AP/PHIL4082 3.0 M: Philosophy of Cognitive Science

Offered by: PHIL


Winter 2022




ONLN (Fully Online)


Calendar Description / Prerequisite / Co-Requisite

An examination of philosophical issues at the foundations of cognitive science, such as: mental representation, perception, concepts, rationality, memory, intelligence, modularity, evolutionary psychology, extended and embodied cognition, and consciousness. Prerequisite: At least nine credits in AP/PHIL courses, including at least three credits from the following: AP/PHIL 3260 3.00 or AP/PHIL 3265 3.00.

Course Start Up

Course Websites hosted on York's "eClass" are accessible to students during the first week of the term. It takes two business days from the time of your enrolment to access your course website. Course materials begin to be released on the course website during the first week. To log in to your eClass course visit the York U eClass Portal and login with your Student Passport York Account. If you are creating and participating in Zoom meetings you may also go directly to the York U Zoom Portal.

For further course Start Up details, review the Next Steps webpage.

For IT support, students may contact University Information Technology Client Services via askit@yorku.ca or (416) 736-5800. Please also visit Students Getting Started UIT or the Getting Help - UIT webpages.

    Additional Course Instructor/Contact Details

Professor David Jopling
Office Location:  S435 Ross
Phone Number:  (416) 736-2100 Ext. 77588

Virtual office hours by email exchanges Monday to Friday, or by zoom audio meeting (not video) one hour per week; or by phone. Time and day TBA.

    Expanded Course Description

Most species of animals are well adapted to their environments without also being highly intelligent. Humans are both. How did it get this way? What cognitive changes happened over the course of the last 2 million years, when the new genus Homo first appeared; and what cognitive changes happened over the last 200,000 years, when humans started to become anatomically and behaviourally modern? In this course we will examine several recent accounts of the origin and evolution of human cognition, as developed by a number of prominent evolutionary anthropologists, cognitive scientists, philosophers, and paleo-anthropologists.

    Additional Requirements

Technical requirements for taking the course:


You will need a computer (or tablet) and an internet connection. There is no video conferencing in this course. Office hours will be held once weekly via zoom, using zoom audio only; or by email exchange; or by phone.



Here are some useful links for student computing information, resources and help:

Student Guide to Moodle

Zoom@YorkU Best Practices 

Zoom@YorkU User Reference Guide

Computing for Students Website

Student Guide to eLearning at York University


To determine Internet connection and speed, there are online tests, such as Speedtest, that can be run.]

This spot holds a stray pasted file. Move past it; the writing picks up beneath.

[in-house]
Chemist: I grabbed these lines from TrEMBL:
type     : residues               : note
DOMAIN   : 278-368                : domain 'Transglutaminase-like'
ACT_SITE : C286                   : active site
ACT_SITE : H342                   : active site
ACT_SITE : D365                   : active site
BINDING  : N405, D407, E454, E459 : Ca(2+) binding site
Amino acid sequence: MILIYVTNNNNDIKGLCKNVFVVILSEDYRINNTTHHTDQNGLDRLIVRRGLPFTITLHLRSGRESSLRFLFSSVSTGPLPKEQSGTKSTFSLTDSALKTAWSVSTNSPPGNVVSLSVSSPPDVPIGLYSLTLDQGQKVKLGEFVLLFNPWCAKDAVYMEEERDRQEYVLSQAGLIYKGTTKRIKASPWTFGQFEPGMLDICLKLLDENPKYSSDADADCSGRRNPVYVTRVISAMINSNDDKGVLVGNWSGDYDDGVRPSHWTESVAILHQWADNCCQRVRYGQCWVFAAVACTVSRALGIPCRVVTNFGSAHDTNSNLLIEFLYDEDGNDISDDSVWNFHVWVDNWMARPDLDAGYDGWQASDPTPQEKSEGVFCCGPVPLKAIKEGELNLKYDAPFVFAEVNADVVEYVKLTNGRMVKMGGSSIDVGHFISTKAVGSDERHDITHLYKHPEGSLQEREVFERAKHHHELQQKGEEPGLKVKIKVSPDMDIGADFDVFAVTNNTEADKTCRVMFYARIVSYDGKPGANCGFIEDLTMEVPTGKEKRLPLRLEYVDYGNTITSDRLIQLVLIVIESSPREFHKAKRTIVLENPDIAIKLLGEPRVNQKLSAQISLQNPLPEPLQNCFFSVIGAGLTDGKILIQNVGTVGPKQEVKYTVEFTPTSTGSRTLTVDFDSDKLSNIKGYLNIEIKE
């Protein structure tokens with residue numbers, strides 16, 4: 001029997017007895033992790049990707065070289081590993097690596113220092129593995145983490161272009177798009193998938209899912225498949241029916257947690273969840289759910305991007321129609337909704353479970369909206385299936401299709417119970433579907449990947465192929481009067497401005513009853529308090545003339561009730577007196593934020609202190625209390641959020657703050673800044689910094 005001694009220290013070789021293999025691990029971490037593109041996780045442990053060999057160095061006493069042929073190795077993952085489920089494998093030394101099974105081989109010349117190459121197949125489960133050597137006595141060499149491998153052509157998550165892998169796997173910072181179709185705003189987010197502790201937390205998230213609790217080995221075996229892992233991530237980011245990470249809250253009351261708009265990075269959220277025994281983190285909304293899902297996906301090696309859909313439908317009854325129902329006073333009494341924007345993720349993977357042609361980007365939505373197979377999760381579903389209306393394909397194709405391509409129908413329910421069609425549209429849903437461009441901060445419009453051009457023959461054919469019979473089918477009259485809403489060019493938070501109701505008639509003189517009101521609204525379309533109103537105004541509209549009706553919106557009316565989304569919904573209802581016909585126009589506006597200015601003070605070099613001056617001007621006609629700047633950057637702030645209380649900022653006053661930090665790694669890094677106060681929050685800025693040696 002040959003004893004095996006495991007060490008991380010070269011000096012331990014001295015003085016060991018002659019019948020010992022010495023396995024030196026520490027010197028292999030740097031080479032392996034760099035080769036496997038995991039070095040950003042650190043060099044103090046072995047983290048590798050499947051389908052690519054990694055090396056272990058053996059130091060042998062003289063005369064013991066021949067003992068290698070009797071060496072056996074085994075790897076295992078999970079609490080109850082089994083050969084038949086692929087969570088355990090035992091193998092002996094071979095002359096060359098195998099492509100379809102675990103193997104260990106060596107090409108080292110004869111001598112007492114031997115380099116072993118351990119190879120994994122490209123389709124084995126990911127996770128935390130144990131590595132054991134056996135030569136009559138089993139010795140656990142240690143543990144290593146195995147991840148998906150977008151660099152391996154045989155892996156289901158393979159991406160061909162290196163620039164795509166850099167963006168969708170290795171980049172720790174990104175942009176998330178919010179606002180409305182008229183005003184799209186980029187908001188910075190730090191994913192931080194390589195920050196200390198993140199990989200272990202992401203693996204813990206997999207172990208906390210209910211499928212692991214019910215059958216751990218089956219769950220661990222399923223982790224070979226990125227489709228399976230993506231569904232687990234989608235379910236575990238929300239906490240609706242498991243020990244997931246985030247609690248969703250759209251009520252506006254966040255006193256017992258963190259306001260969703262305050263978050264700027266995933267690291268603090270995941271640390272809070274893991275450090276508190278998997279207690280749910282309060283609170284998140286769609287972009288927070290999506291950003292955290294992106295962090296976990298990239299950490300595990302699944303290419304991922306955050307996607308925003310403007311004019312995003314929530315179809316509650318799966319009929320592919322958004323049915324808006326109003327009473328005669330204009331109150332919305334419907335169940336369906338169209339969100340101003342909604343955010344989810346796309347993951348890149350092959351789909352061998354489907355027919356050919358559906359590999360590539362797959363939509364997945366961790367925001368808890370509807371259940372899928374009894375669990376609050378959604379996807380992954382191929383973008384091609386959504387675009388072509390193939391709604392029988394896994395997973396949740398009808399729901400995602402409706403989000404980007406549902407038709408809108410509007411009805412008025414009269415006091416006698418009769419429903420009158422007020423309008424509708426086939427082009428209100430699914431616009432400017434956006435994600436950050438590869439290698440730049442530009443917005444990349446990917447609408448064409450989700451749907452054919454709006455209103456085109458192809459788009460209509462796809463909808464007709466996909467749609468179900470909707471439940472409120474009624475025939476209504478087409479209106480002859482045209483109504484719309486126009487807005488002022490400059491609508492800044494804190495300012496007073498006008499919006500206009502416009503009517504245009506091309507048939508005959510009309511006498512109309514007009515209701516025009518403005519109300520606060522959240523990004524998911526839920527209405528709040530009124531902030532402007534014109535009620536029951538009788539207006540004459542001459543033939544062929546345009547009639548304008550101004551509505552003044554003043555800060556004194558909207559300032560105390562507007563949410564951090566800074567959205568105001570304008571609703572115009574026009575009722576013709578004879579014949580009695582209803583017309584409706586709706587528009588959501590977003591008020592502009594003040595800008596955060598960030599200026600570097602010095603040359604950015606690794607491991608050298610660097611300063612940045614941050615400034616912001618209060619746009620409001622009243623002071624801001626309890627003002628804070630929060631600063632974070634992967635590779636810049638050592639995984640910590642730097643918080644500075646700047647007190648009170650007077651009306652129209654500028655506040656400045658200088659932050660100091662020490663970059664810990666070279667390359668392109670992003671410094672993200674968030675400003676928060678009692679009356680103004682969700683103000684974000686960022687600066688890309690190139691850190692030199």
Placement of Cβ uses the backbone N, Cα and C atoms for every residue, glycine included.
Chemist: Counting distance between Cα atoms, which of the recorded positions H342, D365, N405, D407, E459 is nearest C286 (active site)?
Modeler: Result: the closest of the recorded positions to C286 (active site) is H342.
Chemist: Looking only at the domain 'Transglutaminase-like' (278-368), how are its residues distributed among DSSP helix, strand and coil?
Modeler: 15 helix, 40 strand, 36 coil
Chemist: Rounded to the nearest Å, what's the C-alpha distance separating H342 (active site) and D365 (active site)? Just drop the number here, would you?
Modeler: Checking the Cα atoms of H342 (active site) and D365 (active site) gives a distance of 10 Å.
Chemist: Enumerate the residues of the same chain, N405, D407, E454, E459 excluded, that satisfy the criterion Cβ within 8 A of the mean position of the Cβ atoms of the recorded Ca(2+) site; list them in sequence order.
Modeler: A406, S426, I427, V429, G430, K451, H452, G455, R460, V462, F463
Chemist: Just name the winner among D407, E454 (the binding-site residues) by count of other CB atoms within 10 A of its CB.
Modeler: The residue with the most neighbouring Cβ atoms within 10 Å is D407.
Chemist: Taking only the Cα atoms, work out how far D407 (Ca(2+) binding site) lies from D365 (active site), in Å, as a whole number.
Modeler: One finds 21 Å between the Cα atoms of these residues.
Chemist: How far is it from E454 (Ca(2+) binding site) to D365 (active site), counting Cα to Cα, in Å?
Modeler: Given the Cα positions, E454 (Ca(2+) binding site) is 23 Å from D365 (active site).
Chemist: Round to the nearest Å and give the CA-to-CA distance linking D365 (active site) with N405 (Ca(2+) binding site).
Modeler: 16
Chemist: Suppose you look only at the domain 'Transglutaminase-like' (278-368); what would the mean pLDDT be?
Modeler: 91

Times and locations:


The entire course, including the submission of assignments and posts to the discussion forum, will take place on the course’s e-class site. Lectures will be pre-recorded and posted to the e-class site at the start of each week. This course has no live virtual meetings, except for office hours. Like an online course, you can learn the course material at your own pace, following the schedule of readings and activities, and synchronizing them to the quiz and essay dates, which are fixed. There will be no in-person interactions or activities on campus.

    Required Course Text / Readings

There is no course textbook. All readings are available online, and links to them are posted on the moodle site for the course. Readings by Darwin, Mayr, Tomasello, Boesch, Sterelny, Richerson and Boyd, Gould, Tattersall, Pinker, Cosmides and Tooby, Henrich, Mithen, Dunbar, Wrangham, Hrdy, and Whiten.

    Weighting of Course

Two essays (40% each), one midway through the course and one at the end; and two quizzes (10% each), one midway through the course and one at the end. Dates TBA.

    Organization of the Course

The course is asynchronous. You can complete the readings at your own pace, and post comments on the e-class discussion forum for each of the topics at any time. Lectures that cover the readings will be posted to the website each week. Midway through the course, and then at the end of the course, there will be an online quiz, the times and dates for which are fixed.

    Course Learning Objectives

After completing this course, students will be able to:

  1. a) describe, explain, and critically evaluate a number of contemporary scientific approaches to the origin and evolution of human cognition;
  2. b) critically evaluate the philosophical implications and problems associated with these approaches;
  3. c) understand and explain the relevance and importance of the origin and evolution of human cognition to contemporary cognitive science and philosophy.
    Additional Information / Notes

Course policies


  1. All audio recordings should be used for educational purposes only and as a means

for enhancing accessibility.

  1. Students do not have permission to duplicate, copy and/or distribute the recordings outside of the class (these acts can violate not only copyright laws but also FIPPA.
  2. All recordings will be destroyed after the end of the course.
  3. Please hand in all assignments on time. Extensions are allowed in the event of illness, bereavement, disabilities, or special needs. Work that is submitted late and that falls outside these conditions will incur a late penalty of 2% per day. Students with disabilities automatically receive extensions.
  4. Please refer to Senate Policy on Academic Honesty: http://www.yorku.ca/secretariat/legislation/senate/acadhone.htm.
  5. Please refer to The Academic Integrity Tutorial at: http://www.yorku.ca/tutorial/academic_integrity/
    Relevant Links / Resources